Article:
Assessing, modelling, and predicting the global impacts of anthropogenic warming is, of course, almost impossibly complex, and one of the complexities is our very air, the atmosphere, sloshing around in barely decipherable configurations. In “Jet Stream,” a marvel of compact storytelling and explication, meteorologist Tim Woollings explains to us one crucial element of our understanding, a “river” of fast-moving eastward air over five kilometers above our heads, whizzing around the equator. Woollings posits a weather balloon journeying around our planet in the jet stream, and he artfully uses stopping points – in the Caribbean, in Africa, in Asia, in the Americas – to explain to us the weather, the climate, and the history of climatology. 195 pages is all it takes to bring the reader up to scratch (albeit an information-dense position that forced me to think hard). And the author’s prose sings! If you’re at all interested in weather, climate, and our fate, Jet Stream is an epitome of elegant science writing.
A documentary maker with a heart, Sasha Snow is also a consummate craftsman, and “The Troublemaker” is a tour de force. Clocking in at just under an hour, a viewing is an existentially intense epic that seems to last … well, an existence. Framed around the talking head of charismatic Roger Hallam, cofounder of Extinction Rebellion, and expanding into a deft coverage of XR’s 2019 campaigns, while drawing in another XR interview and footage of the damage already being wrought by global warming, The Troublemaker is the most intellectually and emotionally call to climate emergency action I have witnessed. Hallam’s piercing analysis of our current crisis and his own account of metamorphosis from organic farmer to nonviolent-direct-action rebel leader is riveting, sentence-by-sentence riveting. On two occasions, his words, so forensically and scientifically accurate, but oh so passionate, set me to tears. The film’s cinematography is sumptuous, the soundtrack (by Adem Ilhan) is gorgeous, and Snow’s direction is intelligent. All up, this is a must-see in 2020, perfectly capturing our moment between one age, of humanity’s ignorance of its own existential peril, and a new age of ameliorative and restorative action.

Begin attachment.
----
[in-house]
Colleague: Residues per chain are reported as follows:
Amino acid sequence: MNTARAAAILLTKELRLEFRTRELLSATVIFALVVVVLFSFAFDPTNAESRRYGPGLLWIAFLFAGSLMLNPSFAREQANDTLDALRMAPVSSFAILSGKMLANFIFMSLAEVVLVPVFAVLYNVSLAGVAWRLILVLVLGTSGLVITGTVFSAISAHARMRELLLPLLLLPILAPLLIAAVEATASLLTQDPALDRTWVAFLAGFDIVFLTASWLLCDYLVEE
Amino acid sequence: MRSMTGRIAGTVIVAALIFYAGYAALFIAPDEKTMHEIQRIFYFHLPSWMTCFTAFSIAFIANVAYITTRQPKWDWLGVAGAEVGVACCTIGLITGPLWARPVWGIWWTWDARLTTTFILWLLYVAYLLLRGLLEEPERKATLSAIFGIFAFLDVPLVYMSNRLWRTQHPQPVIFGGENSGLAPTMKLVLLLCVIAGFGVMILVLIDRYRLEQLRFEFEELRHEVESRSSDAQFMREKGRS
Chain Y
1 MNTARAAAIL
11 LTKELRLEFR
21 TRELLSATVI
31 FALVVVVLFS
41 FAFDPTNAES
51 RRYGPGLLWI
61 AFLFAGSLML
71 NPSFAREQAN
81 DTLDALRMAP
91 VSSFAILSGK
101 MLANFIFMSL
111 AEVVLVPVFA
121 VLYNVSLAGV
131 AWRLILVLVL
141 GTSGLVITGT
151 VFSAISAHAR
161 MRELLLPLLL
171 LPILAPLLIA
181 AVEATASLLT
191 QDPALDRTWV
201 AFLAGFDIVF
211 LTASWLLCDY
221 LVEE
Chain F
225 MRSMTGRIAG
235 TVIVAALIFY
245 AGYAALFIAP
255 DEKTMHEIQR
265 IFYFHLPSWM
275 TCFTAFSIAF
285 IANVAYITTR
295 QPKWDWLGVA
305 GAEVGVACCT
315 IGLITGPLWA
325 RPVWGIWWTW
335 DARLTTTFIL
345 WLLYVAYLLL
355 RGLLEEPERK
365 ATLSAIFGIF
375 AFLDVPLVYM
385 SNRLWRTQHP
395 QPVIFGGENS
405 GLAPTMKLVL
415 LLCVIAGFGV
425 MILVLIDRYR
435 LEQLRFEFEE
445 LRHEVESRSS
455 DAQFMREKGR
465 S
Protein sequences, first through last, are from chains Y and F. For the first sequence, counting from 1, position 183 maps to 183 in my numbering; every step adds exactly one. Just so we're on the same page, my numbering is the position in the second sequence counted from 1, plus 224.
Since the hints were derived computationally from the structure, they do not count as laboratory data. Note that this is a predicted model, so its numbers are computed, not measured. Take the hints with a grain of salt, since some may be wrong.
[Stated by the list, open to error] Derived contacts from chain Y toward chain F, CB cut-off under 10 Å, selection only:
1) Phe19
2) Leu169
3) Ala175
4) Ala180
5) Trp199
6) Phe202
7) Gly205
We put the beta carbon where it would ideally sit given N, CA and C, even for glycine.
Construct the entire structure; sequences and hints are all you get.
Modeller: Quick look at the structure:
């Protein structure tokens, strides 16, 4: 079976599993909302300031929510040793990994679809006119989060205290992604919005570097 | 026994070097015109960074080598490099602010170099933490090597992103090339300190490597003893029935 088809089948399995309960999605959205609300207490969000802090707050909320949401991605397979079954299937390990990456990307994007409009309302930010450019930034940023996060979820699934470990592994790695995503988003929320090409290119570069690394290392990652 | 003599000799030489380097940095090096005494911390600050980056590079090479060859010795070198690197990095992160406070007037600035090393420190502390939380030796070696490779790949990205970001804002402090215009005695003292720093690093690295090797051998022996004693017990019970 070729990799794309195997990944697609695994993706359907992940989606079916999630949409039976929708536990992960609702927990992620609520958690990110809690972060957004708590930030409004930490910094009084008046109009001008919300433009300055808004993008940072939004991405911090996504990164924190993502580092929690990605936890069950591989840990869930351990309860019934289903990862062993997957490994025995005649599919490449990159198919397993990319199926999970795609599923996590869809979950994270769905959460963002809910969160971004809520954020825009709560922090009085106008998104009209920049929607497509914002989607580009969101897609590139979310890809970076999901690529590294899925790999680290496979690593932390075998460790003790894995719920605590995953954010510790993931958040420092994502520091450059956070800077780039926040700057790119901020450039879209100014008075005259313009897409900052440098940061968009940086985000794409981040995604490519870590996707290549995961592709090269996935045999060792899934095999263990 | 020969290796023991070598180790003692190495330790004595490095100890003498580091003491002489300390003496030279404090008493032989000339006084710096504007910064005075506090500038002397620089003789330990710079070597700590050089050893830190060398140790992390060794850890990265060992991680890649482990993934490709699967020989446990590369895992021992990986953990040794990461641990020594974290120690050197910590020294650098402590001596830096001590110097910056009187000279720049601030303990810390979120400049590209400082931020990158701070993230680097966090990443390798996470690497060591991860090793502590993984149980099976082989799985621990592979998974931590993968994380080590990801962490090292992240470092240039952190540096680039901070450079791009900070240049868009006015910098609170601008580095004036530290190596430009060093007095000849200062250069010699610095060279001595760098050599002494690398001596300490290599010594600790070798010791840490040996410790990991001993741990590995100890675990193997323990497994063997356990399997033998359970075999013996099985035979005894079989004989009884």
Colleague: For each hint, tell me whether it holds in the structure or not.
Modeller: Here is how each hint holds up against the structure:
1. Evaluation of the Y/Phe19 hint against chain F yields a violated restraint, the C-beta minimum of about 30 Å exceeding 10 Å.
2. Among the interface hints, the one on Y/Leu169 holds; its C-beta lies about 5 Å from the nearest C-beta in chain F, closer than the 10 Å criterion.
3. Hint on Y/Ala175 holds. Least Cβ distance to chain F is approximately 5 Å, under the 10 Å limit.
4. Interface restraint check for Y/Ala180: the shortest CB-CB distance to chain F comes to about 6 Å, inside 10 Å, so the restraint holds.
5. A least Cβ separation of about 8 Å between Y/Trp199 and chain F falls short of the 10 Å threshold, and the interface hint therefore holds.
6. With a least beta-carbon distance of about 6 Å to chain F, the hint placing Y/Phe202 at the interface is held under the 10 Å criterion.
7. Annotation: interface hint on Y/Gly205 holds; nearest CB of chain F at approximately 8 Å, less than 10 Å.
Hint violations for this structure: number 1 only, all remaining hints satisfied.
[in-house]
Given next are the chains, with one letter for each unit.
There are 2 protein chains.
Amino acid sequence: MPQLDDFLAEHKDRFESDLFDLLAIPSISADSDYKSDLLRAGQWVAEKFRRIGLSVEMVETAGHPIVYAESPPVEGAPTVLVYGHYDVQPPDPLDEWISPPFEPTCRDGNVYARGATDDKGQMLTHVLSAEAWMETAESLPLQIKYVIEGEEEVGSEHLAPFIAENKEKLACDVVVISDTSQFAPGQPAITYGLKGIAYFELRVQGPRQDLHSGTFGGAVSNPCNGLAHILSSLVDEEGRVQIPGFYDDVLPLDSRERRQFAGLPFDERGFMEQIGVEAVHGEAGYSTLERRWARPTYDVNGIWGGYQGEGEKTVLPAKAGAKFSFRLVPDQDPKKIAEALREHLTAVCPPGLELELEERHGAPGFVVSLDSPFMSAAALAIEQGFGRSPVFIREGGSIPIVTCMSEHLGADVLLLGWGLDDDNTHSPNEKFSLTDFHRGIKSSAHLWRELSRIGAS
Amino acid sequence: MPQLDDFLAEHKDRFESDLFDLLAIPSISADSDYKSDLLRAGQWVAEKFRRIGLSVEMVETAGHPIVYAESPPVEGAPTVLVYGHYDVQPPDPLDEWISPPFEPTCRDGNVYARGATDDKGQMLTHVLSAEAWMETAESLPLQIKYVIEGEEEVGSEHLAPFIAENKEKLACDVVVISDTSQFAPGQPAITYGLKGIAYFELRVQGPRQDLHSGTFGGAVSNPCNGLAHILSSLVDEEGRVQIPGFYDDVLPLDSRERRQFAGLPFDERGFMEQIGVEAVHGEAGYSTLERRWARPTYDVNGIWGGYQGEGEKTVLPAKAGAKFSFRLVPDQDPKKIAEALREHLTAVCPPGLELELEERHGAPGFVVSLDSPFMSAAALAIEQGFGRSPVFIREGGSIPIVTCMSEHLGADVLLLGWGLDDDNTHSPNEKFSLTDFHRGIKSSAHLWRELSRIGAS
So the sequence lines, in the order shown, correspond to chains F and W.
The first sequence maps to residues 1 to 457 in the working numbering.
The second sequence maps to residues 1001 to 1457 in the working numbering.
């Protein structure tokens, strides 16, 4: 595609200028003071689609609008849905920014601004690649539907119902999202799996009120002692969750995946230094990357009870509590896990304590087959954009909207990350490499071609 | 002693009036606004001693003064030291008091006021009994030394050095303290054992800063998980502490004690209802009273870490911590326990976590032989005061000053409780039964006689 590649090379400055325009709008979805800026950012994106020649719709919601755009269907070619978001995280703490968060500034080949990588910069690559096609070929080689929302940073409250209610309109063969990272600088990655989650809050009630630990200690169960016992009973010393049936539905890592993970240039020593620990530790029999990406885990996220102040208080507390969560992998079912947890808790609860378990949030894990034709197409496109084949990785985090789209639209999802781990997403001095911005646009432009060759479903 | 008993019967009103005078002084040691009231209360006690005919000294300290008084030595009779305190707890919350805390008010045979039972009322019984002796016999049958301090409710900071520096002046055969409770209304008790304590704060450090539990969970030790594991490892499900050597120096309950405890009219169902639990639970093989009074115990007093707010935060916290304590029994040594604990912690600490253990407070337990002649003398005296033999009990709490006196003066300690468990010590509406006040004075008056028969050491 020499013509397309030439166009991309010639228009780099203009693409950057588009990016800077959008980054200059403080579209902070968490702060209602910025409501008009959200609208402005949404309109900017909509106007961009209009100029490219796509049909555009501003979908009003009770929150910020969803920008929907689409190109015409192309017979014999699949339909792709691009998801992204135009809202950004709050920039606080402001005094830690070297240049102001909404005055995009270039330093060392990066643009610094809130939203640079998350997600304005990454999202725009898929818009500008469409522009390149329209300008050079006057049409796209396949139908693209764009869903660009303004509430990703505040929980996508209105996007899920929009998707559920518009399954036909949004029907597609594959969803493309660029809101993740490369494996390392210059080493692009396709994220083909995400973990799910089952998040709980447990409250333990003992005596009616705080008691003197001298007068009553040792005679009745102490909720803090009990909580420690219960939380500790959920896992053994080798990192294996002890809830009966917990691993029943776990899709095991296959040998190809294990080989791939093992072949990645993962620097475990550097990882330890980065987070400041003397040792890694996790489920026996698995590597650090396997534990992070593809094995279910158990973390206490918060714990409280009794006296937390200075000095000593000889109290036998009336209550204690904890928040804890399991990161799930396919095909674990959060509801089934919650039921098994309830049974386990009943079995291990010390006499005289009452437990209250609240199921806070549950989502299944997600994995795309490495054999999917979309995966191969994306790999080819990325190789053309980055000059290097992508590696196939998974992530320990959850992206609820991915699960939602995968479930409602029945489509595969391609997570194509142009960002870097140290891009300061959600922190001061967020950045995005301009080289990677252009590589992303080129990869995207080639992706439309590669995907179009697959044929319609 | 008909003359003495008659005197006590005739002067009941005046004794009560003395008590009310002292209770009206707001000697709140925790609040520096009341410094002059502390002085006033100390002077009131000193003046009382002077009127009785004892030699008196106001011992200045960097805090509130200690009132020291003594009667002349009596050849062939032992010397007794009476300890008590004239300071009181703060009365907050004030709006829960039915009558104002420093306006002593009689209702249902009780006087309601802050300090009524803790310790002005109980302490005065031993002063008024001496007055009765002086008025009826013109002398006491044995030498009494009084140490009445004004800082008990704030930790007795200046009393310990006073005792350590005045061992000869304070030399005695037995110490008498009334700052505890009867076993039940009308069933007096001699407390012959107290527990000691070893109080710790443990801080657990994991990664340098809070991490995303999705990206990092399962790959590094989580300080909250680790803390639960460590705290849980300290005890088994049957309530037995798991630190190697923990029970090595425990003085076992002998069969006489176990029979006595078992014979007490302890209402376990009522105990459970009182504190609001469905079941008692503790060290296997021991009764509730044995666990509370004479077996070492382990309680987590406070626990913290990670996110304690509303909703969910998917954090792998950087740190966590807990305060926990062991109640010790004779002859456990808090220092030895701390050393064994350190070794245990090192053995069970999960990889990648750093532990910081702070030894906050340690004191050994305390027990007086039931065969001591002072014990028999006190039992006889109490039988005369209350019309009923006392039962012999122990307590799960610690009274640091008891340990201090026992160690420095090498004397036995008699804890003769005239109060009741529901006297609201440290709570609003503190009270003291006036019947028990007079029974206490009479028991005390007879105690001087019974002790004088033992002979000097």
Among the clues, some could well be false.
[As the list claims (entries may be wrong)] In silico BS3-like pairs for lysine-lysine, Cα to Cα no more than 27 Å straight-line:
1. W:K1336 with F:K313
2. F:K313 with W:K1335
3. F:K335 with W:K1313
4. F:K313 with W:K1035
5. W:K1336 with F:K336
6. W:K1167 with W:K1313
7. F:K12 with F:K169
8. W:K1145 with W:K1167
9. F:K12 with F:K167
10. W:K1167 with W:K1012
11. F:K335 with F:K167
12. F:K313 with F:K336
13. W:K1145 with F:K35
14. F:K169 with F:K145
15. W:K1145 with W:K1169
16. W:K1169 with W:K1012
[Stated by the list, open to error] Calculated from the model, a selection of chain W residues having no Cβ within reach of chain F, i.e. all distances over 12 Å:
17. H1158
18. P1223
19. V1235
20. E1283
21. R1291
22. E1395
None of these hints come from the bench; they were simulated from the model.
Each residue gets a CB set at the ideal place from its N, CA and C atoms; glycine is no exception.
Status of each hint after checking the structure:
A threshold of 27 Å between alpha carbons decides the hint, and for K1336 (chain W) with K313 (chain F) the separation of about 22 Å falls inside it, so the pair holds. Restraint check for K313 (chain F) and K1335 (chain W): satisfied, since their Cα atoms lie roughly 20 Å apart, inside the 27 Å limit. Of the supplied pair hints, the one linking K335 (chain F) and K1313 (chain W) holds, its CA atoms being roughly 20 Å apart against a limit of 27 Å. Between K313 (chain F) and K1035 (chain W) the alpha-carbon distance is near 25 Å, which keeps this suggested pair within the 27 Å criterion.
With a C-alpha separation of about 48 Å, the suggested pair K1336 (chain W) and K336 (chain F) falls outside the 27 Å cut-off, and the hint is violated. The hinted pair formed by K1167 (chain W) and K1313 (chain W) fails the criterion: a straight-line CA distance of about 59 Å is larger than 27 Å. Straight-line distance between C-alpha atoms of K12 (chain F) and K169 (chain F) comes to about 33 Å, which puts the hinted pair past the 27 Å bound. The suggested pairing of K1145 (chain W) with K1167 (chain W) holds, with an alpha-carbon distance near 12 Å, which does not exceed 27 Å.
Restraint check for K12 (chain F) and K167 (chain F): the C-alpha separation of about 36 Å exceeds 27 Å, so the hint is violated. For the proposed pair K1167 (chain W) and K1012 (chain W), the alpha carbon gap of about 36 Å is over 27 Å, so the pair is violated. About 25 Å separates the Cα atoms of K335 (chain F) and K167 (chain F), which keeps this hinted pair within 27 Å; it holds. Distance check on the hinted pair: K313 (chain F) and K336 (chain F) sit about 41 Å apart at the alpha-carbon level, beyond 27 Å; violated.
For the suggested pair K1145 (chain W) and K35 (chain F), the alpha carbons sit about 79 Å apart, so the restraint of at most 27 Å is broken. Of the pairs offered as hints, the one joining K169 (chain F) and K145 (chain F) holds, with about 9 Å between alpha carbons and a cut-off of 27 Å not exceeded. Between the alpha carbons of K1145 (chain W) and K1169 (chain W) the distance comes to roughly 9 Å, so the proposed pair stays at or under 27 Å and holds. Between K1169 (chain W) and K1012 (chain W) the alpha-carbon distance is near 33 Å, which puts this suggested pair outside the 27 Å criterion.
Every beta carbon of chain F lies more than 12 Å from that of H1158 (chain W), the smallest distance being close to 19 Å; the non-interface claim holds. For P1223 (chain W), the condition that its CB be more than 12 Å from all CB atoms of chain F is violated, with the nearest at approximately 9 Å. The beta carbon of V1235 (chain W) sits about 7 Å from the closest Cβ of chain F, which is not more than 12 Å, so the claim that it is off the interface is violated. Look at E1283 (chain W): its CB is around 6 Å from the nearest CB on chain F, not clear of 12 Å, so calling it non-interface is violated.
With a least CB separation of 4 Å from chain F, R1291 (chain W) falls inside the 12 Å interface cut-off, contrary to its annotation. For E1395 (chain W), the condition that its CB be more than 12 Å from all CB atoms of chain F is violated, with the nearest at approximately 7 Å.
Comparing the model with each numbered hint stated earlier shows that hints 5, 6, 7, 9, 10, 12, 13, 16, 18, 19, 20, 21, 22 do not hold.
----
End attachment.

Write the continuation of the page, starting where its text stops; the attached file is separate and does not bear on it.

Will Toledo, singer and brains trust behind Car Seat Headrest, has pumped out lo-fi indie rock over nearly a decade. Bold with musical flourishes, introspective lyrics, and a pliable, howl-ready voice, Toledo has slowly acquired fame. Now he has taken four years to bring out “Making A Door Less Open.” No longer lo-fi, indeed close to stadium ready, Toledo zaps all over his range of genres, from buzzing guitars to electropop to world-music-lite. The album feels like a rolling set of fun songs, or at least as fun as a gloomy headspace guy can be. Vocally channeling various garage rock styles but also notably Matt Beringer from The National, Toledo is in fine form, and every song is both interesting and catchy (again in that indie sense). Highlights include the two versions of “Hostile,” one guitar punk, one brooding electro (the latter with a lovely acapella outro sealed with shouting); the opener, “Weightlifters,” with its Led-Zep-Kashmir intro and sawing guitars; and the majestic, National-esque “Life Worth Missing.” A beguiling, foot-tapping, intelligent jumble.